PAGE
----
Sunday, August 7, 2011

Alzheimer's Disease - A Short Overview


Alzheimer’s disease is a type of dementia that begins at around 55 years old with symptoms that develop slowly, sometimes unnoticeable. It is characterized by progressive cognitive deterioration, leading to an impairment of memory, reasoning, language and perception. It seems that the chance of having Alzheimer’s disease increases after the age of 70 and will affect half of the people over the age of 85. 

Sometimes it can start with psychotic disorders, hallucinations, delirium, and even a chronic depression. 

At the beginning, a few symptoms can be observed, such as mild memory loss, small personality changes and a tendency to withdraw from social interaction. These may be seen as normal for an older person and they won’t draw other’s attention. As things evolve, the person suffering from Alzheimer’s disease will have problems with figures, numbers, severe memory problems, and will eventually become more agitated and irritated. Other social problems can occur, like the inability to dress appropriately or recognizing close relatives. When the disease becomes more severe, the patient will become confused and disoriented. Their focused attention is affected, they have problems with spatial and temporal orientation, and their ability to store and recall memories is greatly damaged(although most of the patients will find it easy to recall old memories). In the latest stage, patients will lose the ability to care for themselves because the disease evolves in a profound state of dementia and they ultimately die from problems that occur in severely deteriorated states of health.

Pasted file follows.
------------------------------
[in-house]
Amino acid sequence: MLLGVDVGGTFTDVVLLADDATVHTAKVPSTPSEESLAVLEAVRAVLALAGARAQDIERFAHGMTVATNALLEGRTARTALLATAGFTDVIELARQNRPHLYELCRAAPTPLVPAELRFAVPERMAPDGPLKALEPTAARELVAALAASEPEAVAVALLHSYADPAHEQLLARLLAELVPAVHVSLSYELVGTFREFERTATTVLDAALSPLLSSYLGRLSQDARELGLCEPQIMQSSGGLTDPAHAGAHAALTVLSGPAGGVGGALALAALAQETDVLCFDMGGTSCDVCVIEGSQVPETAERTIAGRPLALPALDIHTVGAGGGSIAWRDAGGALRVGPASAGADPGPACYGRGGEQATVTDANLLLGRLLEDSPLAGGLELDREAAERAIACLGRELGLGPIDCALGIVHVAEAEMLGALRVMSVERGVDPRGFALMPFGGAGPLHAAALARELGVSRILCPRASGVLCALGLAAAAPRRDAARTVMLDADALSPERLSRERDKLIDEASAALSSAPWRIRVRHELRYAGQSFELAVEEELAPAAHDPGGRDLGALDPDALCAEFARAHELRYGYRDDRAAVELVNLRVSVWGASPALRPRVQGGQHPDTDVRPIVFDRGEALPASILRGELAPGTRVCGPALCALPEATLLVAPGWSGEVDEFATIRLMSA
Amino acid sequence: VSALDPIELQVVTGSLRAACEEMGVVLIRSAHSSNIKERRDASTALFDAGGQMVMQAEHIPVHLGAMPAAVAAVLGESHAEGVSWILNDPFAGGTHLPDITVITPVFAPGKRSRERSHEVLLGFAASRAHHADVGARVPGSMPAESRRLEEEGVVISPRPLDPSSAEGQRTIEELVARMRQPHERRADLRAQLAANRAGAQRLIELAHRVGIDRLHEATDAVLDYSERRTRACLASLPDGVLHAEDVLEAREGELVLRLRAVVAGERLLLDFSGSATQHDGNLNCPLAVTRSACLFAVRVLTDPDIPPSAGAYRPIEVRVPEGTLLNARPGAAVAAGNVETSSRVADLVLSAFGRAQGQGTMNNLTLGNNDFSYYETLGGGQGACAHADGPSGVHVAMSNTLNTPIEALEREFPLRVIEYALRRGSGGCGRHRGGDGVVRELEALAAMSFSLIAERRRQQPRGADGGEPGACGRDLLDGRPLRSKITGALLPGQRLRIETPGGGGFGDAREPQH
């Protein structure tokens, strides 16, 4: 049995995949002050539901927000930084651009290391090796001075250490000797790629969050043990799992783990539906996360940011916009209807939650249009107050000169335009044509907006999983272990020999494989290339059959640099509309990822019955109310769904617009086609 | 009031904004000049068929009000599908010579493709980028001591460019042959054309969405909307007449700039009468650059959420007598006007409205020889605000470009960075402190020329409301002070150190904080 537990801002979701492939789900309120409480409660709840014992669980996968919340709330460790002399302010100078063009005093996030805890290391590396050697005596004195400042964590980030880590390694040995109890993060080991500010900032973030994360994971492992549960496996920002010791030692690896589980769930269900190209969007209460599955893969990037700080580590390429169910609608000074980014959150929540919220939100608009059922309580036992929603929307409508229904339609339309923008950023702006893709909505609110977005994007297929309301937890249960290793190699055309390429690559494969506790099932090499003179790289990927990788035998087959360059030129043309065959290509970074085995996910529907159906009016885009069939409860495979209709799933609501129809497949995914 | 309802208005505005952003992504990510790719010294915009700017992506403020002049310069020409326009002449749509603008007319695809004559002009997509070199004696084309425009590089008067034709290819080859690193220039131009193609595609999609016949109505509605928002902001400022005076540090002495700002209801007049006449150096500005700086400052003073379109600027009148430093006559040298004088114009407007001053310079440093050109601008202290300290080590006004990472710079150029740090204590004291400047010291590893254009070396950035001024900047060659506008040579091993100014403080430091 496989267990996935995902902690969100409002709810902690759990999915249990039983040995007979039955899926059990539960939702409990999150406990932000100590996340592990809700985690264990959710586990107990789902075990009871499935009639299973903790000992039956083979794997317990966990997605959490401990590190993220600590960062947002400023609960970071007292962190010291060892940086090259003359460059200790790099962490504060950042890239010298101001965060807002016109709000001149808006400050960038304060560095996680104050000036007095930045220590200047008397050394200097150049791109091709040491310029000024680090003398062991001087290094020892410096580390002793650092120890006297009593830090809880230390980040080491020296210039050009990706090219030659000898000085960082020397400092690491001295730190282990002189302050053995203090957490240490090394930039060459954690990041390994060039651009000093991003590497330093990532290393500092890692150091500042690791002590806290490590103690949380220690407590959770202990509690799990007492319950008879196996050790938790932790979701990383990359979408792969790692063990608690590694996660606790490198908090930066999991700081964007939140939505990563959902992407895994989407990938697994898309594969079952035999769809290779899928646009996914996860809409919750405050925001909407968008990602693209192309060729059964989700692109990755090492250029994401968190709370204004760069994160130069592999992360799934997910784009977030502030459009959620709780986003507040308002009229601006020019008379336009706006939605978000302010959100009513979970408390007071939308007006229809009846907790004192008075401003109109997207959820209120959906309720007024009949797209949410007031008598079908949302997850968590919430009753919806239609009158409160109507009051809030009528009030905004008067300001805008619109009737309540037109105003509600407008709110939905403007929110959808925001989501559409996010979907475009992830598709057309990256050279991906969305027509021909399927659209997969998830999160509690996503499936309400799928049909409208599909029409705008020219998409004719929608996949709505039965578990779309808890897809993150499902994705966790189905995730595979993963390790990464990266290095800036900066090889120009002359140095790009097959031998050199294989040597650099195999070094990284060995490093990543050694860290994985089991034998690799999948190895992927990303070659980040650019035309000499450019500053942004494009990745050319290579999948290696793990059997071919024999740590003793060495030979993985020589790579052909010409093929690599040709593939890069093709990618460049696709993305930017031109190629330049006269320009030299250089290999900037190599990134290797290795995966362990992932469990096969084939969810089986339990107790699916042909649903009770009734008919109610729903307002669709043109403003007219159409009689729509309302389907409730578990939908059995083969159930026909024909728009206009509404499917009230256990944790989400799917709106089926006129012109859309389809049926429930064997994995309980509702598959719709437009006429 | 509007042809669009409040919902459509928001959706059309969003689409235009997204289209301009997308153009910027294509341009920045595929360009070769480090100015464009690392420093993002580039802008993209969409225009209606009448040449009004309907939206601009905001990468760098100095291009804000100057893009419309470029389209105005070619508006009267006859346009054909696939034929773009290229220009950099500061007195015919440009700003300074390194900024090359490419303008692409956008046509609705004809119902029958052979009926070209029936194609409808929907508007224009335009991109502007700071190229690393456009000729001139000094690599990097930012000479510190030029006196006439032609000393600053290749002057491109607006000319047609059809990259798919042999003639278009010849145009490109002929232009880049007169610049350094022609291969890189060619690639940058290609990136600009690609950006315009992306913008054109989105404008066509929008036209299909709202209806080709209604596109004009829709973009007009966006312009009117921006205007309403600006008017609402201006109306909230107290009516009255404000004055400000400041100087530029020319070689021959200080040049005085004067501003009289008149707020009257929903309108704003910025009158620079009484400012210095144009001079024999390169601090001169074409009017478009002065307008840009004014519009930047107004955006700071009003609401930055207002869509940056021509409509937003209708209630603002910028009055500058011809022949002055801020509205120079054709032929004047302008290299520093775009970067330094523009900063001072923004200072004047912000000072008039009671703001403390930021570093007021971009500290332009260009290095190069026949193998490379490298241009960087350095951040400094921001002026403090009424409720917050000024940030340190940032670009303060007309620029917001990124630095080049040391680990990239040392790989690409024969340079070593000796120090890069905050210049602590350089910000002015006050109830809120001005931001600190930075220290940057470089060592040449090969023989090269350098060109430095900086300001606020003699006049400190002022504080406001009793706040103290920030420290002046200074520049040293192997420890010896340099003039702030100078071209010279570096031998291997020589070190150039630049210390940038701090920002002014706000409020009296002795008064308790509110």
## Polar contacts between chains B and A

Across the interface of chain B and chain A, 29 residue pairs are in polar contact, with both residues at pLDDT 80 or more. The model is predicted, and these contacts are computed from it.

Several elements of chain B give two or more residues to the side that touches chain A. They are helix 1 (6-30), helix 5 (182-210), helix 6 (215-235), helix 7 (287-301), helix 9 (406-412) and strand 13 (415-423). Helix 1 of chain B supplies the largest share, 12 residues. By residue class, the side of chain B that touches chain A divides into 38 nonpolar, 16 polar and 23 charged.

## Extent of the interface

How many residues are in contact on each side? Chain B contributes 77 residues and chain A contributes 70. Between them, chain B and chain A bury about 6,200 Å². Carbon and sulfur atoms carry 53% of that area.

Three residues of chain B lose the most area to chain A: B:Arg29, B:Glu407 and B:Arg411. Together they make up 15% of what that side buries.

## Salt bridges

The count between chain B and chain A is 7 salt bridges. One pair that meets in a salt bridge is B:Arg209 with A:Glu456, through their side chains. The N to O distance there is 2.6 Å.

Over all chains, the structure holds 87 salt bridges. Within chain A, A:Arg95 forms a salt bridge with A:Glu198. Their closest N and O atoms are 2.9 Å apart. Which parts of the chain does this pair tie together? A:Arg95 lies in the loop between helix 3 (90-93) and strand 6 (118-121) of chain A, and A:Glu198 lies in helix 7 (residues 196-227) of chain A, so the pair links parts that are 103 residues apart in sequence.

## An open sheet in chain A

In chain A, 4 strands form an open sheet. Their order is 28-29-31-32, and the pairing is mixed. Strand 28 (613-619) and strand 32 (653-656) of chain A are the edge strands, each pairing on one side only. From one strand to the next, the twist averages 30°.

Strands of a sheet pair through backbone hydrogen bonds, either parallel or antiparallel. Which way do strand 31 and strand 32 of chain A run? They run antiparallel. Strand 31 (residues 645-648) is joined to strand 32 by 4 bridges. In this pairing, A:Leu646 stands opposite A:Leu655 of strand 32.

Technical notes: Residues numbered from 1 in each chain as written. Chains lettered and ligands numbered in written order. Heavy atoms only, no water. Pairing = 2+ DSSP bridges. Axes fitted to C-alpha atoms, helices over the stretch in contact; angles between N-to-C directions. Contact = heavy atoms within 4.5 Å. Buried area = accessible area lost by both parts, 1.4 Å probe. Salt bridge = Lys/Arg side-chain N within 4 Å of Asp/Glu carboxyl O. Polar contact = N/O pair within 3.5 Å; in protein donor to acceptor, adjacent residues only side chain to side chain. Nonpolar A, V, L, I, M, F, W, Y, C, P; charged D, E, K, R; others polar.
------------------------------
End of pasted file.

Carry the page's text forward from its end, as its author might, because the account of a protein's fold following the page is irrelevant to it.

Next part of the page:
Auguste Deter -
 First described case with Alzheimer's disease
Alzheimer’s disease usually evolves between two and five years, sometimes in 10 years. Because of its diffuse cerebral lesions, Alzheimer’s disease is a typical case of progressive and global deterioration of the Central Nervous System.

Causes: the causes for Alzheimer’s disease are unknown but scientists have pointed out a few risk factors such as: advancing age, having a relative with Alzheimer's disease, head trauma, etc.

The disease manifests in two ways:   with deposits of the protein beta-amyloid  that accumulate in the spaces between nerve cells or  deposits of the protein TAU that accumulate inside of nerve cells 

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